Q: How are you handling the case of who murdered your son?
A: Today, I'm in waiting mode. This I will not discuss. Any questions pertaining to the case must be directed to my attorney. But I'm waiting like everyone else.
(Wallace, Biggie's estate and his widow, singer Faith Evans, sued the City of Los Angeles in 2001. After a July 2005 mistrial, the case is currently in a holding pattern, according to Wallace's attorney Perry Sanders. Sanders said the suit "alleges that certain (Los Angeles) police officers were involved in his (Biggie's) homicide," and that the city has "a pattern and practice in place that facilitated officers participating in unlawful conduct." The criminal case also remains open and an "active criminal investigation is going on as we speak," according to Sanders.)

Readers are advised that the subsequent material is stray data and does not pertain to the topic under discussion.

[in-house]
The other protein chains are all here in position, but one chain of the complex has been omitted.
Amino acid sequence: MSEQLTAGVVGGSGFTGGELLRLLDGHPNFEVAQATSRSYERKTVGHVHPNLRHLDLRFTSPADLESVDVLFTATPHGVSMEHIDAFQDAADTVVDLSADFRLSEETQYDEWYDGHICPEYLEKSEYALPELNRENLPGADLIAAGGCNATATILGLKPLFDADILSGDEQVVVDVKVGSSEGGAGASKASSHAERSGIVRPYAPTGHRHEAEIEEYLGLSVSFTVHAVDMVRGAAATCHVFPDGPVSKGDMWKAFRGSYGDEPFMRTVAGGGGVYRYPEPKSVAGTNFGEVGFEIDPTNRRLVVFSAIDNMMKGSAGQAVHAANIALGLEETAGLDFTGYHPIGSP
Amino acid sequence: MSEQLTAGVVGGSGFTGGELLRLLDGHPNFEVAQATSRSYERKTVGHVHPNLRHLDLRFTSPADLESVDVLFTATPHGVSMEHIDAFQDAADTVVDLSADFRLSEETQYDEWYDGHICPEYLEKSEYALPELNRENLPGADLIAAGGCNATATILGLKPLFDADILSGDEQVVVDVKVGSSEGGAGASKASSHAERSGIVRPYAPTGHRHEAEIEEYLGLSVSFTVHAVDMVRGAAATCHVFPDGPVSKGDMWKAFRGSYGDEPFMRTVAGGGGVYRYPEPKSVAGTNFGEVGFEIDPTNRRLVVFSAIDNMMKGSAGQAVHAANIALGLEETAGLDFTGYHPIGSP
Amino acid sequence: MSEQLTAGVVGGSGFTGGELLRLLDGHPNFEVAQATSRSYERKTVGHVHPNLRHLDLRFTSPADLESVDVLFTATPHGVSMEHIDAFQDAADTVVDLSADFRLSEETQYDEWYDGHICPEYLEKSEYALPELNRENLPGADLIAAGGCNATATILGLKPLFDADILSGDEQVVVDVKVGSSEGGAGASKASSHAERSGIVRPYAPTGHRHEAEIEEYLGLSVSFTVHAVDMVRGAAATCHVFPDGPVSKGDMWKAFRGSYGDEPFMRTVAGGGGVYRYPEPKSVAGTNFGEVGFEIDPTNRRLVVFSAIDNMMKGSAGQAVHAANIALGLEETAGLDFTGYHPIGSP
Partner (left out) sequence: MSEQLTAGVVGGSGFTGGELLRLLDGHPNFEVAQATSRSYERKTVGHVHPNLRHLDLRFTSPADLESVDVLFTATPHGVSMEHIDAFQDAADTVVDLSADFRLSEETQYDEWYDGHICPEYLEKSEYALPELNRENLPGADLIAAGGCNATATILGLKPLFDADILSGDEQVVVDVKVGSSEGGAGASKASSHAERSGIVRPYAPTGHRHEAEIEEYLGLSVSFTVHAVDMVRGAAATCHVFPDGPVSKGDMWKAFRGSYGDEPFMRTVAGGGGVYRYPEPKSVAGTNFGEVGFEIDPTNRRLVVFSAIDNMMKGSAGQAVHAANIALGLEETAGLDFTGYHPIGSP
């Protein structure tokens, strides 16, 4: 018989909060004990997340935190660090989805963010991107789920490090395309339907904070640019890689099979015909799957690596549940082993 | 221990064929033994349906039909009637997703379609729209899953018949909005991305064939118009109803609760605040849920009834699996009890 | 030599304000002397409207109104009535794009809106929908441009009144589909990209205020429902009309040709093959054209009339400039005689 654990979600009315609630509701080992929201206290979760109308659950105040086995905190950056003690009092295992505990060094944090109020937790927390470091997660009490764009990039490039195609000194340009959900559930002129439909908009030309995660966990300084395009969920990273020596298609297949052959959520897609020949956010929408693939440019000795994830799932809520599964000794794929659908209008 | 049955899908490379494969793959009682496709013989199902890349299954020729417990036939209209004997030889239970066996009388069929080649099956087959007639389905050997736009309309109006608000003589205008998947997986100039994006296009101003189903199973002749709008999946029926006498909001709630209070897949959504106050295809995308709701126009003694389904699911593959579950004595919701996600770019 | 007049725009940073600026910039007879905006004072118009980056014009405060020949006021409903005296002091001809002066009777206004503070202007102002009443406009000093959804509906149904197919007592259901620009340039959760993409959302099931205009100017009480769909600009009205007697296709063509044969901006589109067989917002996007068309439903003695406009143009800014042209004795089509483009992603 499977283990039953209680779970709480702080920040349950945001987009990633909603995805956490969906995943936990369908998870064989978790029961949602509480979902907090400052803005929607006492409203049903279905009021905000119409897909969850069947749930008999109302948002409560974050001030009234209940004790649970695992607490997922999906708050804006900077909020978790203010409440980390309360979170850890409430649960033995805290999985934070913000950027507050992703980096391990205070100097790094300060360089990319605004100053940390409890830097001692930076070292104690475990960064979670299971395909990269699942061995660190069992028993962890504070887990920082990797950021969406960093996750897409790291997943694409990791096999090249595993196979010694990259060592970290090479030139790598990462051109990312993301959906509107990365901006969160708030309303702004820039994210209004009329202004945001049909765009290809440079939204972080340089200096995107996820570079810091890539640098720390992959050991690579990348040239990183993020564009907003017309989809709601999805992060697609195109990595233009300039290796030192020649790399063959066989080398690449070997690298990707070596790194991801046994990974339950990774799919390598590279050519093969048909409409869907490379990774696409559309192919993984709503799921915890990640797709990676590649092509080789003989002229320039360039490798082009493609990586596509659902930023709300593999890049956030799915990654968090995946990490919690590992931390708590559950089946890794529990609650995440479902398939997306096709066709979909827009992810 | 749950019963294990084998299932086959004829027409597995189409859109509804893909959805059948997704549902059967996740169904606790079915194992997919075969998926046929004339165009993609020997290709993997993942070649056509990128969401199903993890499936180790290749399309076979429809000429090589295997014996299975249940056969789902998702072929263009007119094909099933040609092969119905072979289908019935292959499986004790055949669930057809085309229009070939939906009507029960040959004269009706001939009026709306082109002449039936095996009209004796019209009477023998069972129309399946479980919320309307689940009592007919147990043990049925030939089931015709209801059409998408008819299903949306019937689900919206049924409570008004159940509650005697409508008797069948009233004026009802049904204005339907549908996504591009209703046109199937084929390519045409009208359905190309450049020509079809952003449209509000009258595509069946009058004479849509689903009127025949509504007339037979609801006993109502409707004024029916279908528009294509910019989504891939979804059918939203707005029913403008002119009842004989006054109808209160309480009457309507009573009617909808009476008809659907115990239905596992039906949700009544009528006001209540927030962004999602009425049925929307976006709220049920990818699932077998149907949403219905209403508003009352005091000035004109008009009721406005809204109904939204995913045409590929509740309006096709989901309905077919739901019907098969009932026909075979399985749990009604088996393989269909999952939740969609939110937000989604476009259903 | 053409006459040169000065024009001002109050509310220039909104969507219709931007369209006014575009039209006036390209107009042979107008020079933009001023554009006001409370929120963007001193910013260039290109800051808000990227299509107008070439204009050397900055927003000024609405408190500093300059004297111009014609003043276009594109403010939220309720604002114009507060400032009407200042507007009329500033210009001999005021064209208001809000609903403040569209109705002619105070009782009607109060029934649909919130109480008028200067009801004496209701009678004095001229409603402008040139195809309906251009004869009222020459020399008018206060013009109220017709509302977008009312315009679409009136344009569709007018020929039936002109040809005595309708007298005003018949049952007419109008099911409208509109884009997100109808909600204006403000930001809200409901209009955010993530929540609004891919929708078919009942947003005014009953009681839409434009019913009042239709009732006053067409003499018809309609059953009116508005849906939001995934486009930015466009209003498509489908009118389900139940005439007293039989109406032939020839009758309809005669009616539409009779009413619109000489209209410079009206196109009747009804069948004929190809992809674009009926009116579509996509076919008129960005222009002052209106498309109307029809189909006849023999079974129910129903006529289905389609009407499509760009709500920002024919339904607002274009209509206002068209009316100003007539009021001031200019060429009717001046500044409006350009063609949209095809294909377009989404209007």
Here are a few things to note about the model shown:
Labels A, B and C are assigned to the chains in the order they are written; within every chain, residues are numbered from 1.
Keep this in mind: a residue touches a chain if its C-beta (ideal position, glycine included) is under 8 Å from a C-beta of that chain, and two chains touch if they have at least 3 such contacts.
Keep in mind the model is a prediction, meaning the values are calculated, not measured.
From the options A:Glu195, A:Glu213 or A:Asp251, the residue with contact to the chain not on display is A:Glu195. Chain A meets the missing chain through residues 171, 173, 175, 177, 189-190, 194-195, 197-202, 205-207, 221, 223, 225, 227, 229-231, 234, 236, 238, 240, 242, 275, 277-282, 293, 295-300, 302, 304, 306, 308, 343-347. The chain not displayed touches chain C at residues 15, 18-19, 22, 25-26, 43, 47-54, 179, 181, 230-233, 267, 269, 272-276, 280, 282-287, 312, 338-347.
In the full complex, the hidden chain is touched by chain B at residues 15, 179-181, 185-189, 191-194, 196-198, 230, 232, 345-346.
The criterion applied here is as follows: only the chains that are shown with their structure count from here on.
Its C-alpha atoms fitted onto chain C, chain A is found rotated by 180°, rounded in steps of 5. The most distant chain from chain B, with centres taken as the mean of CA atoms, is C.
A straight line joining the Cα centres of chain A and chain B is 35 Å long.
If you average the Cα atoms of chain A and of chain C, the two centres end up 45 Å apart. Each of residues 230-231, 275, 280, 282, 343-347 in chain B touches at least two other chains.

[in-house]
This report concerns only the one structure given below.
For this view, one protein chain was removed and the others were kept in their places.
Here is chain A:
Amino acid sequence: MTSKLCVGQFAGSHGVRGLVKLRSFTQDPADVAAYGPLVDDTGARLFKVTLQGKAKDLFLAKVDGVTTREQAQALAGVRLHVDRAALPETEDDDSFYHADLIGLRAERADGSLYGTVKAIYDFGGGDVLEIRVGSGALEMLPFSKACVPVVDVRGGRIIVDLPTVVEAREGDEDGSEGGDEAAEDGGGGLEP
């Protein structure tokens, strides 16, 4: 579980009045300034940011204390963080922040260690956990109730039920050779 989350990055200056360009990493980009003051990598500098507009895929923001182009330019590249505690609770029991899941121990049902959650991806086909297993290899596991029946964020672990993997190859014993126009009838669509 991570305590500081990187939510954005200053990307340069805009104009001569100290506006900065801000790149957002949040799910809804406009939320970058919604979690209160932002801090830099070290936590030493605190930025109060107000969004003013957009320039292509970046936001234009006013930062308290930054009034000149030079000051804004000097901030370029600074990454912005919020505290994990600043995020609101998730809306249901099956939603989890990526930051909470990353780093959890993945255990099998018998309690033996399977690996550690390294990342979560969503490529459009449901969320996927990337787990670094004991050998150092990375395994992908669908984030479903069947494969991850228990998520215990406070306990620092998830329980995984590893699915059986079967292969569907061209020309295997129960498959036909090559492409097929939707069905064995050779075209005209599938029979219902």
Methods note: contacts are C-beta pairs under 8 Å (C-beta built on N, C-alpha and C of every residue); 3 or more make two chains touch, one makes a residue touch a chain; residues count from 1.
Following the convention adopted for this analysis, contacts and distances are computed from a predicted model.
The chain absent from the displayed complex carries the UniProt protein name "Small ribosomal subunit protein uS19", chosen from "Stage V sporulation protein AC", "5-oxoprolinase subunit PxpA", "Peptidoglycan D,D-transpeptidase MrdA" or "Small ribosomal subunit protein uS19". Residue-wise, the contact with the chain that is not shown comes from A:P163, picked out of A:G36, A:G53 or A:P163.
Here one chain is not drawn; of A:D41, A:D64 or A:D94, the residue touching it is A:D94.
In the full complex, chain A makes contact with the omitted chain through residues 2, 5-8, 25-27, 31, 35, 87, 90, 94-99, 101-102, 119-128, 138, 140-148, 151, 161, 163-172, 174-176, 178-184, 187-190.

Q: Are you in touch with any of Tupac Shakur's family or friends?
A: A few days after my son's death, Afeni Shakur [Tupac's mom] and I started talking. Today, to this moment, have a wonderful relationship. We talk, we compliment each other, we bless each other. The relationship is as smooth as a baby's bottom.
Q: What did you want to accomplish with "Notorious," and what do you hope audiences come away with?
A: Everyone who's going to see the movie, they're going to see a lot of negative things. But they need to not focus on the negative. They need to see a life that was going the wrong way but made it into something good. The message is make the best of it. Take the talent you have, take the energy, and make the best of it. Don't focus on the negative, focus on the positive.